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NASA Crew Launched to Air Next International International Station

AND FINANCIAL – Three space passengers, including two astronauts on their first flight, have been scheduled to launch the International Space Station on Monday, December 3 for a six-and-a-half mission. Live broadcast will be on NASA TV and the agency's website.

In the Baikonur Cosmodrome in Kazakhstan, Anne McClain of NASA, David Saint-Jacques of the Canadian Space Agency, and Oleg Kononenkoof Roscosmos are preparing to launch on board board Soyuz MS-11 December 3 at 6:31 am EST (5:31 pm Amser Kazakhstan).

Following a six hour trip that makes four orbits of Earth, the crew will steal Soyuz to the Poisk module at the station at 12:35 p.m. to start their mission on the orbital lab. This is the first flight to McClain and Saint Jacques and the fourth for Kononenko.

There will be less than two hours after docking, a furniture between the Soyuz and the station opening, and the current crew, Expedition 57 Alexander Gerst Commander of ESA (European Space Agency), NASA Flight Engineer Serena Auñón- Chancellor and Roscosmos Sergey Prokopyev Flight Engineer, who has been an orbit since June, greeted them.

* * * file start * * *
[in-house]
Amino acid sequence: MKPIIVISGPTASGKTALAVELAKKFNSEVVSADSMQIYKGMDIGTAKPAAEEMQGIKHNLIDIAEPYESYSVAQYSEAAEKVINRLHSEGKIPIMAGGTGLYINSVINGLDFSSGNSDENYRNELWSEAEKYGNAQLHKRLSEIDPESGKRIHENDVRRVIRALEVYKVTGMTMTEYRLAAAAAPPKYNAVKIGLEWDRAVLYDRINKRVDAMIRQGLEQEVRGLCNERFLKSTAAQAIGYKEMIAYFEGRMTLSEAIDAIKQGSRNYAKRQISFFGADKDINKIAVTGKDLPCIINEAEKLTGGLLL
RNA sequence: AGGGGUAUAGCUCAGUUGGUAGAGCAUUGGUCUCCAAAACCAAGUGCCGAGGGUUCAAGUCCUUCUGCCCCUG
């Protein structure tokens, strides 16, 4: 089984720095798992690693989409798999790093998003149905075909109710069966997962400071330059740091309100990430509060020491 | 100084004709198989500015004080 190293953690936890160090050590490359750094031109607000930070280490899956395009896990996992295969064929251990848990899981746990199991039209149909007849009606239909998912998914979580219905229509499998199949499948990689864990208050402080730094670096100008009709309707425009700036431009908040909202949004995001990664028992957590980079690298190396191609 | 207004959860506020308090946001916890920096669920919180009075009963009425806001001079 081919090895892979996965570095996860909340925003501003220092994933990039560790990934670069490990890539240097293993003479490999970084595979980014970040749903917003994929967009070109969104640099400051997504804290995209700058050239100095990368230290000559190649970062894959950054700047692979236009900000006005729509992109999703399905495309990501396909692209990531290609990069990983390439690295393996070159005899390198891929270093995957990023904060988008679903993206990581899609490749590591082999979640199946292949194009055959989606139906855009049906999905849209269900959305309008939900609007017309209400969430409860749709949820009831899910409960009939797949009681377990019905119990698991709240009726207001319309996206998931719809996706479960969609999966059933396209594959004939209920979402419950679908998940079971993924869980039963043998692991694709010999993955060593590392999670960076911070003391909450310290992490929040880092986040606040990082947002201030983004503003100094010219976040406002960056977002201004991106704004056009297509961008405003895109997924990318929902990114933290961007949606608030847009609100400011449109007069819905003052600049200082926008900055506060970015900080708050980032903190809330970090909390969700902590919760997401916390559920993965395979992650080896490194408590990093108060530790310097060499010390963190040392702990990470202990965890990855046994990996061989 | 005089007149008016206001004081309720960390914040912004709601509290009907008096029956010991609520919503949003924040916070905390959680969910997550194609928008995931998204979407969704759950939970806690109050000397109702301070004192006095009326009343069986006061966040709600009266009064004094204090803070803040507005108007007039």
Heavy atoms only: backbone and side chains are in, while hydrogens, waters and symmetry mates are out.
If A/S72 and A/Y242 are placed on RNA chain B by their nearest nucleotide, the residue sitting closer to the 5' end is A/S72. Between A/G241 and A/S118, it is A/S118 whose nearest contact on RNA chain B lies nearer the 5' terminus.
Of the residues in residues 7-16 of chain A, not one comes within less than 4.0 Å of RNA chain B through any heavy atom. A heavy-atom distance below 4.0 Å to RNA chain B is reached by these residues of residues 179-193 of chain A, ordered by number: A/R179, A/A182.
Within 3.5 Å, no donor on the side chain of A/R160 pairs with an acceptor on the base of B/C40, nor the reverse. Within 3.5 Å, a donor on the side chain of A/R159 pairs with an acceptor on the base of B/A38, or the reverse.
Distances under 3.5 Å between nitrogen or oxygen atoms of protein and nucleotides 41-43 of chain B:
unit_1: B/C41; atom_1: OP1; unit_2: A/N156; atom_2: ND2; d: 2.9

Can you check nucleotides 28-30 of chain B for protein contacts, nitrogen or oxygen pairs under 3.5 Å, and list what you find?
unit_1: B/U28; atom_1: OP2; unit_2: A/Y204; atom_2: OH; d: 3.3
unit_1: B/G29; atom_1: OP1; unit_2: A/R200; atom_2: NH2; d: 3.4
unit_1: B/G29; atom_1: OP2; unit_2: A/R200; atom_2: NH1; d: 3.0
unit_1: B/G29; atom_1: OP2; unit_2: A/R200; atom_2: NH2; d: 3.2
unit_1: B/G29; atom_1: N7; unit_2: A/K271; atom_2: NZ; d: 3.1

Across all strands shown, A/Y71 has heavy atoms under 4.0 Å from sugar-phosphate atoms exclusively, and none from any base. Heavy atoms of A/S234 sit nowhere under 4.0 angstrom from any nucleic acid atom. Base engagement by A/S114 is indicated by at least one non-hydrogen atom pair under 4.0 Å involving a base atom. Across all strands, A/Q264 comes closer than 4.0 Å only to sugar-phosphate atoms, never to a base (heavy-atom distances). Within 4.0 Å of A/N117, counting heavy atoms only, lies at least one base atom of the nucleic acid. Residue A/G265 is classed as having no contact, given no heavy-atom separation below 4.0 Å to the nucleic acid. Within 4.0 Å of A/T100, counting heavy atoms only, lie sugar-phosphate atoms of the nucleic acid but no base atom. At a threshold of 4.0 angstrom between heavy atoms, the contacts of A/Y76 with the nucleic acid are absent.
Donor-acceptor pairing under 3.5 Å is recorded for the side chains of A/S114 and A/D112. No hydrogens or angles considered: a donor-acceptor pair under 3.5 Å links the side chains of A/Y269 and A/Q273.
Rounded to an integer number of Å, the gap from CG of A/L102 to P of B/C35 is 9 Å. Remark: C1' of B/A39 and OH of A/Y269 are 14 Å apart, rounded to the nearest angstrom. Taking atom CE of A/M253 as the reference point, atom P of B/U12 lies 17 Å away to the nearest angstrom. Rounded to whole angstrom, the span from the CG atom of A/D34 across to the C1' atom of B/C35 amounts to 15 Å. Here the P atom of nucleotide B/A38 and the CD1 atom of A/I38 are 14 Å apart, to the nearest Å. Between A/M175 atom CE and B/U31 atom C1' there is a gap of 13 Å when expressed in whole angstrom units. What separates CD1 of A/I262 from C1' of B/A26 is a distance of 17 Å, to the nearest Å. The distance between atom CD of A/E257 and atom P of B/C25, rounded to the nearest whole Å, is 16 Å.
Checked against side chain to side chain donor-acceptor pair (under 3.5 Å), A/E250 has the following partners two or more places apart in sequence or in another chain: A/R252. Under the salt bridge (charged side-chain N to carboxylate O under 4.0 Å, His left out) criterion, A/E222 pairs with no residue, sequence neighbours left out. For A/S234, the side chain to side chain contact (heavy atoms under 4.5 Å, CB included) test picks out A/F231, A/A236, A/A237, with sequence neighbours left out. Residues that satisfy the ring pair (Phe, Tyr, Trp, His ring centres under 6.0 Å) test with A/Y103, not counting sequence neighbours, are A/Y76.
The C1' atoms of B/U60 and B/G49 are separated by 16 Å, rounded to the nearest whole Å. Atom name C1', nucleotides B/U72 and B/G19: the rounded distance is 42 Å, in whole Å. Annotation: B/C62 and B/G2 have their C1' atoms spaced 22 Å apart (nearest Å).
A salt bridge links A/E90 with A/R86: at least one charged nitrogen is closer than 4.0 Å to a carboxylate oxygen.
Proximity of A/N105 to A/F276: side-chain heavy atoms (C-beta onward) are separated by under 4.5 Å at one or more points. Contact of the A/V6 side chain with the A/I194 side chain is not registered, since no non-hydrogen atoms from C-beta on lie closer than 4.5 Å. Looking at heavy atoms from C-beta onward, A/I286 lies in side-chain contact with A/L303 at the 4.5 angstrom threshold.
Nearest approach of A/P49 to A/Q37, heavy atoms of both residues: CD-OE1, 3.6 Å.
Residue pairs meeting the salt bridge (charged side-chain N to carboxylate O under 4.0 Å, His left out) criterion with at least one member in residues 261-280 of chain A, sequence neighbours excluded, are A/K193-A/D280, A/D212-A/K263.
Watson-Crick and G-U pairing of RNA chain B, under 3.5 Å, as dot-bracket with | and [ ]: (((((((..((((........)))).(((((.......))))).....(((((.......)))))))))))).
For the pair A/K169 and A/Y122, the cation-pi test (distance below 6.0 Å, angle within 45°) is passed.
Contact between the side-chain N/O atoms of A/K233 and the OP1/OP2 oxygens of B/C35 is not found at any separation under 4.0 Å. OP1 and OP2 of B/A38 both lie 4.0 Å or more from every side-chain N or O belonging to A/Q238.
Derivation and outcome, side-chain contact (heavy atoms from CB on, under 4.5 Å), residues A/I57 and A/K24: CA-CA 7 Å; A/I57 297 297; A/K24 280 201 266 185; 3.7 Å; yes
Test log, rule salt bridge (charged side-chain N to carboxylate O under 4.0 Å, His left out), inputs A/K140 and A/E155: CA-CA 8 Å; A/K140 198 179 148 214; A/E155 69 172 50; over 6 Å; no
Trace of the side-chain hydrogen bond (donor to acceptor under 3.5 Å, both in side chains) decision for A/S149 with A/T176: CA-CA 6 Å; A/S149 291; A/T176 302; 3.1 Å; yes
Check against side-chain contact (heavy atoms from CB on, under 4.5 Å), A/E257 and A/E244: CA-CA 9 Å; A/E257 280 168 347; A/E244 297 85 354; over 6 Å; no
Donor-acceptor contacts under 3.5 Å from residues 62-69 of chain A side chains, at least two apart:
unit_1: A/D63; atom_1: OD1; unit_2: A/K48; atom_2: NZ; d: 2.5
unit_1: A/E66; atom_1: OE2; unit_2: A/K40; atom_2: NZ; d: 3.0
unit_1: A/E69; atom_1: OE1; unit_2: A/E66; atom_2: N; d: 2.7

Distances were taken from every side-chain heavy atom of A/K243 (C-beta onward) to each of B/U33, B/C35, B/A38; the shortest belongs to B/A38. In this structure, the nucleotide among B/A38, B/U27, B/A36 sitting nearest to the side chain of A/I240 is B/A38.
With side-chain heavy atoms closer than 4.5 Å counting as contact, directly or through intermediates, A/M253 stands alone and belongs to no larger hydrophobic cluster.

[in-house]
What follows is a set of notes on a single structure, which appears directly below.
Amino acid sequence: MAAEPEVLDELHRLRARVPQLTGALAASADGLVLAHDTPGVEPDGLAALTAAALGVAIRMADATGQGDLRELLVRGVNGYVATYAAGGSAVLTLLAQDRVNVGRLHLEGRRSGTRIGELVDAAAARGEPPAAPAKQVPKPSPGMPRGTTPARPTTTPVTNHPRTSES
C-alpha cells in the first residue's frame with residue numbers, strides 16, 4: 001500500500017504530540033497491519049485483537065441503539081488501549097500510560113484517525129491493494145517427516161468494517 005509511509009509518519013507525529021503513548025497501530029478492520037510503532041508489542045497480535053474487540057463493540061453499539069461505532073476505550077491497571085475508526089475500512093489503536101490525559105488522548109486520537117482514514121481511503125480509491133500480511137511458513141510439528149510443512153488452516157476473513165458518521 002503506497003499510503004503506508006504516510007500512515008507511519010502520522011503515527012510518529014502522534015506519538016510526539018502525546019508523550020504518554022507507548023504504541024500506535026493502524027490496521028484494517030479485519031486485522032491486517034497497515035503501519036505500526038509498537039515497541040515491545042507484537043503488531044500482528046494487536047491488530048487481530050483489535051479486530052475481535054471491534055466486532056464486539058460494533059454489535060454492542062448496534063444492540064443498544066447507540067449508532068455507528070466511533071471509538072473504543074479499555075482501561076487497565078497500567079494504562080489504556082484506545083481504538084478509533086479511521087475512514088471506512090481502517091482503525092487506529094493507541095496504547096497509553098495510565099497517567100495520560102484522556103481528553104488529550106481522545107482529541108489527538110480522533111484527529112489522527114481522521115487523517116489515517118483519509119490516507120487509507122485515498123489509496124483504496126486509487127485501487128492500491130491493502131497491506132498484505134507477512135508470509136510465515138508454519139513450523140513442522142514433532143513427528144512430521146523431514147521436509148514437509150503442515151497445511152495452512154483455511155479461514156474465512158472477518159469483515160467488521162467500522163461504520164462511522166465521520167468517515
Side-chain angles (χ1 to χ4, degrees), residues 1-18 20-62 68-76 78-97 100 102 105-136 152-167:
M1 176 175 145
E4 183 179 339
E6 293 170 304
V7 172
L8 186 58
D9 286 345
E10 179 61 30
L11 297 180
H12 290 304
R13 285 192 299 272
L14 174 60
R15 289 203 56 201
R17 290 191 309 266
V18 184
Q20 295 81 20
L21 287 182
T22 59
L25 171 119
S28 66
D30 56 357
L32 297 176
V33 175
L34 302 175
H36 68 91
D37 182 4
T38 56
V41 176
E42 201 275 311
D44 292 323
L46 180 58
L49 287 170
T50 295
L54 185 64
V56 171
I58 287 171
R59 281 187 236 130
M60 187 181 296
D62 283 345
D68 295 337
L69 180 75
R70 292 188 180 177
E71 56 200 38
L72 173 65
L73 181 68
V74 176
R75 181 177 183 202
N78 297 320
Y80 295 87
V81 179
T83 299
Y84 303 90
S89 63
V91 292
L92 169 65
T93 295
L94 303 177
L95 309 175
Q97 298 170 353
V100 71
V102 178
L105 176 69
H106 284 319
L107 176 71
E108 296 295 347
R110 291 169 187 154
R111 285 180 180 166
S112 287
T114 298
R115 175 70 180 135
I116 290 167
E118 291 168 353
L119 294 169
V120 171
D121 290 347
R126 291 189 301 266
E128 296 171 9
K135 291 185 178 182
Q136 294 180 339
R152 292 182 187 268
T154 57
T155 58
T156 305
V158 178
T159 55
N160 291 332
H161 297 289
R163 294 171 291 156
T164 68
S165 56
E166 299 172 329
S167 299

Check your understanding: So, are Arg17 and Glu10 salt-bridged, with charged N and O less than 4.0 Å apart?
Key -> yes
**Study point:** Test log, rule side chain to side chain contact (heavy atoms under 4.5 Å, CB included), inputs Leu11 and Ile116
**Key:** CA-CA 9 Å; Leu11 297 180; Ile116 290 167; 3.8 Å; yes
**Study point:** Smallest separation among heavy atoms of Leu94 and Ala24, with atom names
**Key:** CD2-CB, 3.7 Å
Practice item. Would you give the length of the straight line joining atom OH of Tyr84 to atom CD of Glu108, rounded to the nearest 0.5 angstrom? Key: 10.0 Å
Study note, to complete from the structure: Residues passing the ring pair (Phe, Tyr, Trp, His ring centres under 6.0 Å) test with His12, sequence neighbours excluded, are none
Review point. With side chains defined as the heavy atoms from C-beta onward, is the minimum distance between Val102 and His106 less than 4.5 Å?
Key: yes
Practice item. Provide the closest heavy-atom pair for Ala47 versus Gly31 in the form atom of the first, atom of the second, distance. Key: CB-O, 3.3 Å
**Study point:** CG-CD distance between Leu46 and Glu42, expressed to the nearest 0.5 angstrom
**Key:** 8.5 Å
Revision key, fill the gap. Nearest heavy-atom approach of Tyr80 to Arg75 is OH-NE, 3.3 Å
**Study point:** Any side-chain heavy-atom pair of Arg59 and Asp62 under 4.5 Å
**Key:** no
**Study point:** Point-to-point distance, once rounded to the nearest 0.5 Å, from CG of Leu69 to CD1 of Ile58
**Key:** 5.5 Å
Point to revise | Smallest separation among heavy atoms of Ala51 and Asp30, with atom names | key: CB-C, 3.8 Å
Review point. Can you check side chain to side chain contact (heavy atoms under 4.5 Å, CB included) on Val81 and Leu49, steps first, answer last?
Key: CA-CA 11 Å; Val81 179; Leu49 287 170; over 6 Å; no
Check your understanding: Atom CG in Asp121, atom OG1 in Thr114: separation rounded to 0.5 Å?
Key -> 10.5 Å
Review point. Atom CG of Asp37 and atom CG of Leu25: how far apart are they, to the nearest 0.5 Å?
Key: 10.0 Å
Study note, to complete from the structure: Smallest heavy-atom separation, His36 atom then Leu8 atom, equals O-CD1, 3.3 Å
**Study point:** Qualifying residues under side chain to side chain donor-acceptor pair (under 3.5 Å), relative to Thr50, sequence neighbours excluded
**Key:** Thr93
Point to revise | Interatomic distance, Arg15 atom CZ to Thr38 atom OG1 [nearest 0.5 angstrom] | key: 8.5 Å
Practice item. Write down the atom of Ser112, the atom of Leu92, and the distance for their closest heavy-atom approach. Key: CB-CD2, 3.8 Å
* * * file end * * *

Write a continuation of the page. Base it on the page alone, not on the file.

Kononenko, McClain and Saint-Jacques will officially come to the Expedition 58 crew when Gerst, Aunon-Chancellor and Prokopyev leave the station for the December 20 home.

Members of the crew will continue to work on hundreds of experiments in biology, biotechnology, physical science and Earth science at the board of the International Space Station, the only microrogravity laboratory with a personality.

NASA and the Canadian Space Agency have worked closely with Russian space officers and the Roscosmos station program program to move on plans to launch the crew, completing a series of reviews including the Flight Program Readiness Readiness of the station program.

Station program officers will continue to follow the routine programming process with Roscosmos to ensure the crew's safety during its forthcoming launch. McClain and Saint-Jacques also expressed confidence regarding the reliability of Soyuz's rocket and the efforts of the partners for a successful launch.

According to NASA

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